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  • the god cookie
  • Written by Geoffrey Wood
  • Format: Trade Paperback | ISBN: 9781400073443
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  • the god cookie
  • Written by Geoffrey Wood
  • Format: eBook | ISBN: 9780307446695
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a novel

Written by Geoffrey WoodAuthor Alerts:  Random House will alert you to new works by Geoffrey Wood

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List Price: $9.99

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On Sale: February 17, 2009
Pages: | ISBN: 978-0-307-44669-5
Published by : WaterBrook Press WaterBrook Multnomah/Image
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Synopsis|Excerpt

Synopsis

Would you know if he did, if God really spoke to you– would it be booming from the heavens or just in your head?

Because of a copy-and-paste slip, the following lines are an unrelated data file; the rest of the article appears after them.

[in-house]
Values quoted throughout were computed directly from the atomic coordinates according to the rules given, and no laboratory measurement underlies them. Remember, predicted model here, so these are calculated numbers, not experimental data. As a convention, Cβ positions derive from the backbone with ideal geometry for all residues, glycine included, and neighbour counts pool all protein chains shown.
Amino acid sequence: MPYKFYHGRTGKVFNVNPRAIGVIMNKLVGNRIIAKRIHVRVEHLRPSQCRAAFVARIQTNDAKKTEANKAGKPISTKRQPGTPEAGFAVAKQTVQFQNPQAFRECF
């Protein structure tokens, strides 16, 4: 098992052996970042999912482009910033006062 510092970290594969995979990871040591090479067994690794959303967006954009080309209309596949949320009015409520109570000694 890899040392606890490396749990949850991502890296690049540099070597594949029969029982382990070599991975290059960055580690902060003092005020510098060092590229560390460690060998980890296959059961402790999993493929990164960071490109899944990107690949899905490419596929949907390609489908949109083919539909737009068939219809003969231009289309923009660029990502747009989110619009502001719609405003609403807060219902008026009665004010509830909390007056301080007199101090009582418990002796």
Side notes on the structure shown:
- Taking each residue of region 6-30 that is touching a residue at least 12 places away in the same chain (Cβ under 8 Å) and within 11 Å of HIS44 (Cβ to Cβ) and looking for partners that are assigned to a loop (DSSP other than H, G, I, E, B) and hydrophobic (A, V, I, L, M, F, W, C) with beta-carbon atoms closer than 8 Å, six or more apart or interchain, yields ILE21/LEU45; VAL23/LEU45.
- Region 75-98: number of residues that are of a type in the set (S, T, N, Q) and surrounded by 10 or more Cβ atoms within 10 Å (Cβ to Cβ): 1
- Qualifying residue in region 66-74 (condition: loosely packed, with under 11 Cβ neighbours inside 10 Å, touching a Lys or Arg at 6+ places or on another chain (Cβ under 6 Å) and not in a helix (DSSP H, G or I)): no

If it was in your head, how would you know if it
was God or wasn’t?

Is God speaking right
now but we’re just not listening?

And if God
does tell you something…what would you do about it?

Meet Parrish. He’s a regular guy, owns a coffee shop. He happens to be shooting the breeze with his buddies at the neighborhood Chinese buffet, talking about the dents in golf balls and such, when the discussion develops into a debate on whether or not God still speaks to people.

When his friends skip out and he is left alone, Parrish tells God he's “all in.” Ready to listen, do what he’s told, and see what happens. Only moments later, back at his table, he opens his fortune cookie to find a surprise -- instead of a proverbial statement, he reads a directive from God.

“Take the corner.”

God, via cookie, sends him on this first step of a seemingly absurd adventure. His quest sends him to the corner bus stop, where he finds a dropped and forgotten letter, written in a desperate tone, to help those God brings across his path. There, Parrish befriends Audra, a nursing student who rides the bus home. And together they begin to follow the god cookie message, pursuing the random threads of the experiment, tying them together and discovering more about themselves than either ever imagined possible.